As if we didn’t already have enough to worry about, along came COVID-19 in early 2020 to push our anxiety to new heights. The reasons were not hard to discern — the threats of illness and possible death or lingering symptoms; job insecurity; social isolation (or its opposite, too much togetherness in small, crowded living spaces); the upending of daily routines; financial losses; for some, the looming threat of eviction; for others, the impossibility of keeping a business afloat. The list goes on.

For many people, however, the issue was not just everyday anxiety, but the risk of anxiety disorders or stress disorders. The Kaiser Family Foundation found that by late 2020, 37% of Americans had symptoms of generalized anxiety disorder. And a 2021 study, published in JAMA Psychiatry, found PTSD among almost one-third of people who had been hospitalized with a severe COVID infection and who were later referred for a post-recovery health assessment.

As the pandemic eased in the spring of 2021 with the arrival of safe and effective vaccines, anxiety levels in the general population dropped, according to the CDC’s Household Pulse Survey. But that doesn’t mean the pandemic has permanently loosened its grip.

The potential of long-term disruptions remains as variants multiply. Health care workers in many hospitals have been under unrelenting strain that has left them angry and burned out, and worried about the infection they could be bringing home to their families. Parents and teachers are on edge about conflicts over vaccines and mask mandates, not to mention the health of their children, as cases rise in kids. And people who lost loved ones to the virus, who suffered serious financial losses, or who continue to suffer from ongoing health effects of COVID could be dealing with the consequences for a long time to come.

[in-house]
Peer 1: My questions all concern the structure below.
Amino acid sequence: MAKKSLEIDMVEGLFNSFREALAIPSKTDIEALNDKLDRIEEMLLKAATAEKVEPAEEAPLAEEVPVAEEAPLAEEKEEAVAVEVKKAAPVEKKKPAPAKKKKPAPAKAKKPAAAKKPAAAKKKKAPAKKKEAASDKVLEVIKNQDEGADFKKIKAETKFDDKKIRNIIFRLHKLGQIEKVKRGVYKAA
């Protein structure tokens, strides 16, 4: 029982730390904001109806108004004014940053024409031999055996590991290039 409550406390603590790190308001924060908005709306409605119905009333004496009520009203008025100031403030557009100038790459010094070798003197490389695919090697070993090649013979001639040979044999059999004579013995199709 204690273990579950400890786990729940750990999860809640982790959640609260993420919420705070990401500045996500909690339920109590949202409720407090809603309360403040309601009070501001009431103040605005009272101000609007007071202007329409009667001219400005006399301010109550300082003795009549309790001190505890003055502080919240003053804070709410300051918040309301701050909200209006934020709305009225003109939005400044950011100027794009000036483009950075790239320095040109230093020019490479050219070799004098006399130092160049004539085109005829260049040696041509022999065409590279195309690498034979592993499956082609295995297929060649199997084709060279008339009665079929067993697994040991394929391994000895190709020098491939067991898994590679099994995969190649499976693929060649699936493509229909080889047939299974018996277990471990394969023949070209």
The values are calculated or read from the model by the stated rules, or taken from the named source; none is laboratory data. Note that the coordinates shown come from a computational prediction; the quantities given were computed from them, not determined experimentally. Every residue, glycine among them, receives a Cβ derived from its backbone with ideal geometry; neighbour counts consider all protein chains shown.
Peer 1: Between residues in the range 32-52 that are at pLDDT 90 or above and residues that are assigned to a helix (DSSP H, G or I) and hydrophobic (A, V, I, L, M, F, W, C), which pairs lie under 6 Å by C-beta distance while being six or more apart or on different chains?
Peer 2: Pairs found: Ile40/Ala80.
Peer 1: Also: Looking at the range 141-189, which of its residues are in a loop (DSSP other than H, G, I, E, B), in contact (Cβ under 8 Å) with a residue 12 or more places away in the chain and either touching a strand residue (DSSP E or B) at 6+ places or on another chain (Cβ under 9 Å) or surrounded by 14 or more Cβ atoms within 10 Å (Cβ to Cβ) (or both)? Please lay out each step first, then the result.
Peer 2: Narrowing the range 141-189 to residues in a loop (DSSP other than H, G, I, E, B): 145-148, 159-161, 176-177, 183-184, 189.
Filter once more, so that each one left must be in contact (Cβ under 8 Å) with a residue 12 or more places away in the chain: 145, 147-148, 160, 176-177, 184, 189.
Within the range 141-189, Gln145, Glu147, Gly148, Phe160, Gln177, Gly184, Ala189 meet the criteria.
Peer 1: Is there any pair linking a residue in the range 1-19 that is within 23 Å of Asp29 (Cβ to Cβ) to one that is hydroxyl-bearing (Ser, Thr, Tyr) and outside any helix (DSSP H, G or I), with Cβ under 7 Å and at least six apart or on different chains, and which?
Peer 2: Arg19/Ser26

To combat anxiety, health experts say that it’s important to take breaks from the news and social media. Disconnect from screens and spend more time in healthy pursuits such as exercising, getting out into nature, and interacting with people you care about. If you can’t connect with your loved ones in person, do so over the phone or through apps like Zoom or FaceTime. Also, get vaccinated.

One study found that people who believed they had a higher likelihood of avoiding or surviving COVID had less anxiety. Trust in doctors and scientists played a role. Don’t rely on social media for health information but seek out reliable guidance from your doctor or the websites of major medical organizations and journals. If you find yourself becoming overwhelmed, see a mental health professional for counseling.

Reference: Harvard Health Publishing (2021), Anxiety in the time of Covid-19 [Blog]. Available at: (Accessed: 28 Dec, 2021)